> handling right now? - e.g. does GCC c++ support an __alignof
    > extension similar to that on MS VC++?


    Technically, I don't think that there is a solution 100%
    guaranteed by the standard. Practically, I use the following:

    namespace GlobalPrivate {

    template< typename T, bool isSmaller >
    struct AlignTypeDetail ;

    template< typename T >
    struct AlignTypeDetail< T, false >
    {
    typedef T type ;
    } ;

    template< typename T >
    struct AlignTypeDetail< T, true >
    {
    typedef char type ;
    } ;

    template< typename T, typename U >
    struct AlignType
    {
    typedef typename AlignTypeDetail< U, (sizeof( T ) <
    sizeof( U )) >::type
    type ;
    } ;
    }

    template< typename T >
    union MaxAlignFor
    {
    typename GlobalPrivate::AlignType< T, char >::type c ;
    typename GlobalPrivate::AlignType< T, short >::type s ;
    typename GlobalPrivate::AlignType< T, int >::type i ;
    typename GlobalPrivate::AlignType< T, long >::type l ;
    typename GlobalPrivate::AlignType< T, long long >::type ll ;
    typename GlobalPrivate::AlignType< T, float >::type f ;
    typename GlobalPrivate::AlignType< T, double >::type d ;
    typename GlobalPrivate::AlignType< T, long double >::type ld ;
    typename GlobalPrivate::AlignType< T, void* >::type pc ;
    typename GlobalPrivate::AlignType< T, MaxAlign* >::type ps ;
    typename GlobalPrivate::AlignType< T, void (*)() >::type pf ;
    } ;

    and then declare a union:

    union
    {
    MaxAlignFor< T > dummyForAlignment ;
    unsigned char data[ sizeof( T ) ] ;
    } ;

    This supposes that 1) the required alignment will not be more
    than the alignment of one of the types in my MaxAlignFor union,
    and 2) it will not be more than the size of the type. The
    latter is more or less guaranteed by the standard (albeit very
    indirectly); the former seems safe for now, and if it does cause
    problems in the future, it shouldn't be any real problem to add
    another type to the MaxAlignFor union. (All such types must be
    POD, but I can't imagine that being a problem.)

    --
    James Kanze (GABI Software) email:
    Conseils en informatique orientée objet/
    Beratung in objektorientierter Datenverarbeitung
    9 place Sémard, 78210 St.-Cyr-l'École, France, +33 (0)1 30 23 00 34
    James Kanze, Sep 24, 2008
    #3
  4. I already posted one thankyou, but it didn't appear, so thankyou
    again.
    Stephen Horne, Sep 25, 2008
    #4
  5. Stephen Horne

    ma740988 Guest

    On Sep 24, 4:43 am, James Kanze <> wrote:
    > On Sep 24, 8:13 am, Stephen Horne <> wrote:
    >
    >
    >
    > > I understand that the next C++ standard will have features to
    > > handle thealignmentof data types. This is good, but a bit
    > > late for me!
    > > I've been using some template trickery to handlealignment
    > > issues for some time. What I usually want is a type that takes
    > > the same amount of space and has the samealignmentas some
    > > other type, but which doesn't have constructors, destructors
    > > etc. The idea is that initialisation and cleanup can be done
    > > with casts, placement new and explicit destructor calls, but
    > > that this memory-only type can live in a union or whatever.
    > > To get thealignmentof an existing type, I use something
    > > like...
    > > template<typename T>
    > > class CAlign_Of
    > > {
    > >   private:
    > >     struct CDummy
    > >     {
    > >      charm_Char;
    > >       T    m_T;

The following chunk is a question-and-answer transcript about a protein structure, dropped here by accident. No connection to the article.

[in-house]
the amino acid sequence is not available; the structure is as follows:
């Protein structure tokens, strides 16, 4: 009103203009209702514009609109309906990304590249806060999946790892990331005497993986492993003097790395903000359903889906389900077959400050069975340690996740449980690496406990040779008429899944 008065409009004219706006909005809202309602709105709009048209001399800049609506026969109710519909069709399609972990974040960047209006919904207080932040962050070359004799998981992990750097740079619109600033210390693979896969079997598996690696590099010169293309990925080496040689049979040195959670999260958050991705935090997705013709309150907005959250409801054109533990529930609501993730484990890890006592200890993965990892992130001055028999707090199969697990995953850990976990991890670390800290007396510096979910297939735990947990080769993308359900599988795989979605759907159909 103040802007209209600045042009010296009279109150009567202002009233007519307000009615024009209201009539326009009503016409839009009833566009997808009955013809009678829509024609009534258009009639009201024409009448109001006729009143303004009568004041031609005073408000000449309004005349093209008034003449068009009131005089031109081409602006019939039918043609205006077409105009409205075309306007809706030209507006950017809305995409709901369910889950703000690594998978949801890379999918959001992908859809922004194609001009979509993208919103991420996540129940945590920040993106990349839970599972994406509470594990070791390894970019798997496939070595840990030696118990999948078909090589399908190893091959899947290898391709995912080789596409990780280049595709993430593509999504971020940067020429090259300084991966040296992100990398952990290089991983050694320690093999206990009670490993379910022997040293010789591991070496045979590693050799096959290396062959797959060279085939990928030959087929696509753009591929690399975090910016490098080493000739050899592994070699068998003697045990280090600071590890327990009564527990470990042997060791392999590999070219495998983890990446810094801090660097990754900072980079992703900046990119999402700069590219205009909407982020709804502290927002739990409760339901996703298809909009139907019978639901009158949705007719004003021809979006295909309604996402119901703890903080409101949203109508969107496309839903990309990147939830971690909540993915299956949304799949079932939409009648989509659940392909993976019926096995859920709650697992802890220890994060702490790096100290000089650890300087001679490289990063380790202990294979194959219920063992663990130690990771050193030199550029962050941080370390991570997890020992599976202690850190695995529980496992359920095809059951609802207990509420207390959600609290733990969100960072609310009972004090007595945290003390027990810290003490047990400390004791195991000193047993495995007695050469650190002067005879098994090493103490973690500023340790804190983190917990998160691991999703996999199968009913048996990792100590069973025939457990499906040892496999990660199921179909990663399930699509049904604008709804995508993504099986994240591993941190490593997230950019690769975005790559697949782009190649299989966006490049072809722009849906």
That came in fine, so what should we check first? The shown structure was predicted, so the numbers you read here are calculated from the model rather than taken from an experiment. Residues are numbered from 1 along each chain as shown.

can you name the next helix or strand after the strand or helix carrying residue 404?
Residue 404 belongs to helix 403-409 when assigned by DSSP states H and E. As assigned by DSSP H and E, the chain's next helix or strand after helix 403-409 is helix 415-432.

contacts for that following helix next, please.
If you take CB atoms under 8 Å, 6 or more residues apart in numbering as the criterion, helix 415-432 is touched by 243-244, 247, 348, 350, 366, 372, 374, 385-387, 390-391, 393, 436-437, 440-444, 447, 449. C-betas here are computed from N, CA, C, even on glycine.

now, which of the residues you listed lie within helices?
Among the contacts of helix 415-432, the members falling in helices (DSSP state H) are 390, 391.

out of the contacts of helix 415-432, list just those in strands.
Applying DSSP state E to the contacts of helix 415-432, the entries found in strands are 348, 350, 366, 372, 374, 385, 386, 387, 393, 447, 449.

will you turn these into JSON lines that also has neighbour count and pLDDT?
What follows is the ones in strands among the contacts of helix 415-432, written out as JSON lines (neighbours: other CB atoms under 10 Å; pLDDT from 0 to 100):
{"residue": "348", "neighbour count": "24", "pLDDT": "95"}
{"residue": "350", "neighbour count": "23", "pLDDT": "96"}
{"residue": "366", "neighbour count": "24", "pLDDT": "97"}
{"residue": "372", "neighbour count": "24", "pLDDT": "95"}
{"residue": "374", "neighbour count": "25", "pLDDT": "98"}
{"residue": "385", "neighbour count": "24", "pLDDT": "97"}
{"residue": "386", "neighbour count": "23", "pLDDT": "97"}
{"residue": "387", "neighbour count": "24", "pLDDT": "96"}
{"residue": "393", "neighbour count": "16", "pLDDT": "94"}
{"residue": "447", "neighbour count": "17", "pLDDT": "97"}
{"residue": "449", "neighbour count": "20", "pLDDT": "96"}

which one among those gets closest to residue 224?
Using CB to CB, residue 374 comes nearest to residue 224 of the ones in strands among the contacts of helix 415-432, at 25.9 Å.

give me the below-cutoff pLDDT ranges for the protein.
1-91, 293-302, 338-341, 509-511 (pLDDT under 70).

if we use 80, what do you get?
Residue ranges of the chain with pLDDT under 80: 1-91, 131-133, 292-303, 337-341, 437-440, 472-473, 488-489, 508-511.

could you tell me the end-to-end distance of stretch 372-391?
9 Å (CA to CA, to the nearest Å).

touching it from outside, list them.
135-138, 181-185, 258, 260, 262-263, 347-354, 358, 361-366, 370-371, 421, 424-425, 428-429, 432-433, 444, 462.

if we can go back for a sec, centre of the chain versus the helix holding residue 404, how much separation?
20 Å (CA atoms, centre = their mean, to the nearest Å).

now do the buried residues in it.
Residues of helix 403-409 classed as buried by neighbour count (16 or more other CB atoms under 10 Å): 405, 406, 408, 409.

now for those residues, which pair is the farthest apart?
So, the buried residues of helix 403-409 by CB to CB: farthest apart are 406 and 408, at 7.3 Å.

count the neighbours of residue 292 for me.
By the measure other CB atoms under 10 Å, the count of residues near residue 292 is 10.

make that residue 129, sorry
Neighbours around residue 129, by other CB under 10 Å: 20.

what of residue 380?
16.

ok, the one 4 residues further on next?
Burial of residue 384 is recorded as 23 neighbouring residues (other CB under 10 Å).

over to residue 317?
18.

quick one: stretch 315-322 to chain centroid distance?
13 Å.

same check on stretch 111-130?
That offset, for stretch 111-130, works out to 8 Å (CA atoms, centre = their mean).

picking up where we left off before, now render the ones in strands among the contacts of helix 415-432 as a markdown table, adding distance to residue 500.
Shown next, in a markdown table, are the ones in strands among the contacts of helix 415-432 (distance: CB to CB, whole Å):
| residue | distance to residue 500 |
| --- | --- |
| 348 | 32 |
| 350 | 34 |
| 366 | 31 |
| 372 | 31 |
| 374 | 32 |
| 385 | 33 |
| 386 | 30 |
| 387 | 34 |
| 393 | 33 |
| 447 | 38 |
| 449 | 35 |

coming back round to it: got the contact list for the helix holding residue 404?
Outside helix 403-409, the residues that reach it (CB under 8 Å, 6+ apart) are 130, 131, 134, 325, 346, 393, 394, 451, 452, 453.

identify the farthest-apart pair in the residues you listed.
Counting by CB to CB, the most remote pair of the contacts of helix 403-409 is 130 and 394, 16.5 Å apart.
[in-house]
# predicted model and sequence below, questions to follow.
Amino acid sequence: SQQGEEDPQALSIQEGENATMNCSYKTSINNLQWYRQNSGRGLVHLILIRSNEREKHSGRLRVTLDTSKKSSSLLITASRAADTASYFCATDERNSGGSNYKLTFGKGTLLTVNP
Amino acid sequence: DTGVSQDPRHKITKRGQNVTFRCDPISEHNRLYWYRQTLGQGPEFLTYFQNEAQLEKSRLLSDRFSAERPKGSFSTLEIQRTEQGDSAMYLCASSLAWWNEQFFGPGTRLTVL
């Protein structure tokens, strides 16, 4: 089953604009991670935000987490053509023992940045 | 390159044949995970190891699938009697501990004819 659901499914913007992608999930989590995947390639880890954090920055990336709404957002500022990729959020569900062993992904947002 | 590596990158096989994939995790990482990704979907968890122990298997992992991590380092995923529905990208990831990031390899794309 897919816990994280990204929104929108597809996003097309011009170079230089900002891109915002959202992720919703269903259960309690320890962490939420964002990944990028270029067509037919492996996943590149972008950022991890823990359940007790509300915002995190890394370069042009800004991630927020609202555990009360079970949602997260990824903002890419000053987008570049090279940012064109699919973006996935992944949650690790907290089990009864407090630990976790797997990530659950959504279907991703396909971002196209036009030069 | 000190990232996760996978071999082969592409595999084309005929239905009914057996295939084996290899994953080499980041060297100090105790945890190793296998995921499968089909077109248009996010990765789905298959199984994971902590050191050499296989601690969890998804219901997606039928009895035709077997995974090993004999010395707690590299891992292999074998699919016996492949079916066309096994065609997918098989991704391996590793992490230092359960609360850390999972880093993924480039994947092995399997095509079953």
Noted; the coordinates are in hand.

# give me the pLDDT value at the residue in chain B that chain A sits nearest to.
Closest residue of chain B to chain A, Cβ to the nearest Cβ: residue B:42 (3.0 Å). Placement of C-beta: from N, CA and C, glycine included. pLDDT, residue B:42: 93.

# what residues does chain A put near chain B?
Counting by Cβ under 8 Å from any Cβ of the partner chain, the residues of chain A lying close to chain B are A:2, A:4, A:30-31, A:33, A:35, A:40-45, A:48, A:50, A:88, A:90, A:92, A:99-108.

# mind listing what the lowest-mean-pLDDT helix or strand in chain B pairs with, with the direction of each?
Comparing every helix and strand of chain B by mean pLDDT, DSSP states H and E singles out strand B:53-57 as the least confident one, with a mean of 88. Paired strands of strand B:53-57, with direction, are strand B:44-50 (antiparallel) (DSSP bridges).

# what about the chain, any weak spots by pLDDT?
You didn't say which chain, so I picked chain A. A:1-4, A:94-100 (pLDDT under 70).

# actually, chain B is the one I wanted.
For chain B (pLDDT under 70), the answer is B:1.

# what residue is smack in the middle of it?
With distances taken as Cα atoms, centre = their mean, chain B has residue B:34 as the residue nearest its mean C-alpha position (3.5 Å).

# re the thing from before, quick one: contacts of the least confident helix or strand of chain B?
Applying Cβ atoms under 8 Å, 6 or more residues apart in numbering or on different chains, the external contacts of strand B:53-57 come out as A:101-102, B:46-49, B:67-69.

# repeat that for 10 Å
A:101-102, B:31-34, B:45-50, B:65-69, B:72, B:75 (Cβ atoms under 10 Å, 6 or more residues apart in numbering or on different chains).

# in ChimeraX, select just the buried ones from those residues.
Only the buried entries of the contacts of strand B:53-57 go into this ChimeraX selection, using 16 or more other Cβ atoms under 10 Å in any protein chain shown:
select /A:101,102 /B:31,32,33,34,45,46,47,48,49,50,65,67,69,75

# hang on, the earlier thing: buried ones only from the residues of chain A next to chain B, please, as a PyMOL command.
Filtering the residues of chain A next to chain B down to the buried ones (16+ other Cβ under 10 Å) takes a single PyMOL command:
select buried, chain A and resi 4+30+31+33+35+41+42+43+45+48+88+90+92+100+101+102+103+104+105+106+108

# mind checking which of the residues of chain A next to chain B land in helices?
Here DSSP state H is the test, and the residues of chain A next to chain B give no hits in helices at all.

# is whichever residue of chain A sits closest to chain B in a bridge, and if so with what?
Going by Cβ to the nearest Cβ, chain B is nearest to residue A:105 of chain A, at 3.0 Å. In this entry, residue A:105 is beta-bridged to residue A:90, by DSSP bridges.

> >     };
    > >   public:
    > >     enum { Align = ((size_t) &(((CDummy*) 0)->m_T)) };
    > > };
    > > Which I figure should be portable to any platform wherechar
    > > is a single byte (though I don't think even that is
    > > guaranteed).

    >
    > It is.  By definition,charis a byte, and all other types
    > consist of an integral number of bytes.
    >
    > > To create the replacement type, however, is a bit more of a
    > > problem.  To create a type the right size, you just use a
    > > template struct containing and array of chars, but getting the
    > >alignmentright is the problem.
    > > So...
    > > 1.  Is there a good portable solution now?
    > > 2.  What will the standard C++ solution be?
    > > 3.  How consistent are compilers in their non-standardalignment
    > >     handling right now? - e.g. does GCC c++ support an __alignof
    > >     extension similar to that on MS VC++?

    >
    > Technically, I don't think that there is a solution 100%
    > guaranteed by the standard.  Practically, I use the following:
    >
    >     namespace GlobalPrivate {
    >
    >     template< typename T, bool isSmaller >
    >     struct AlignTypeDetail ;
    >
    >     template< typename T >
    >     struct AlignTypeDetail< T, false >
    >     {
    >         typedef T type ;
    >     } ;
    >
    >     template< typename T >
    >     struct AlignTypeDetail< T, true >
    >     {
    >         typedefchartype ;
    >     } ;
    >
    >     template< typename T, typename U >
    >     struct AlignType
    >     {
    >         typedef typename AlignTypeDetail< U, (sizeof( T ) <
    > sizeof( U )) >::type
    >                             type ;
    >     } ;
    >     }
    >
    >     template< typename T >
    >     union MaxAlignFor
    >     {
    >         typename GlobalPrivate::AlignType< T,char>::type        c ;
    >         typename GlobalPrivate::AlignType< T, short >::type       s ;
    >         typename GlobalPrivate::AlignType< T, int >::type         i ;
    >         typename GlobalPrivate::AlignType< T, long >::type        l ;
    >         typename GlobalPrivate::AlignType< T, long long >::type   ll ;
    >         typename GlobalPrivate::AlignType< T, float >::type       f ;
    >         typename GlobalPrivate::AlignType< T,double>::type      d ;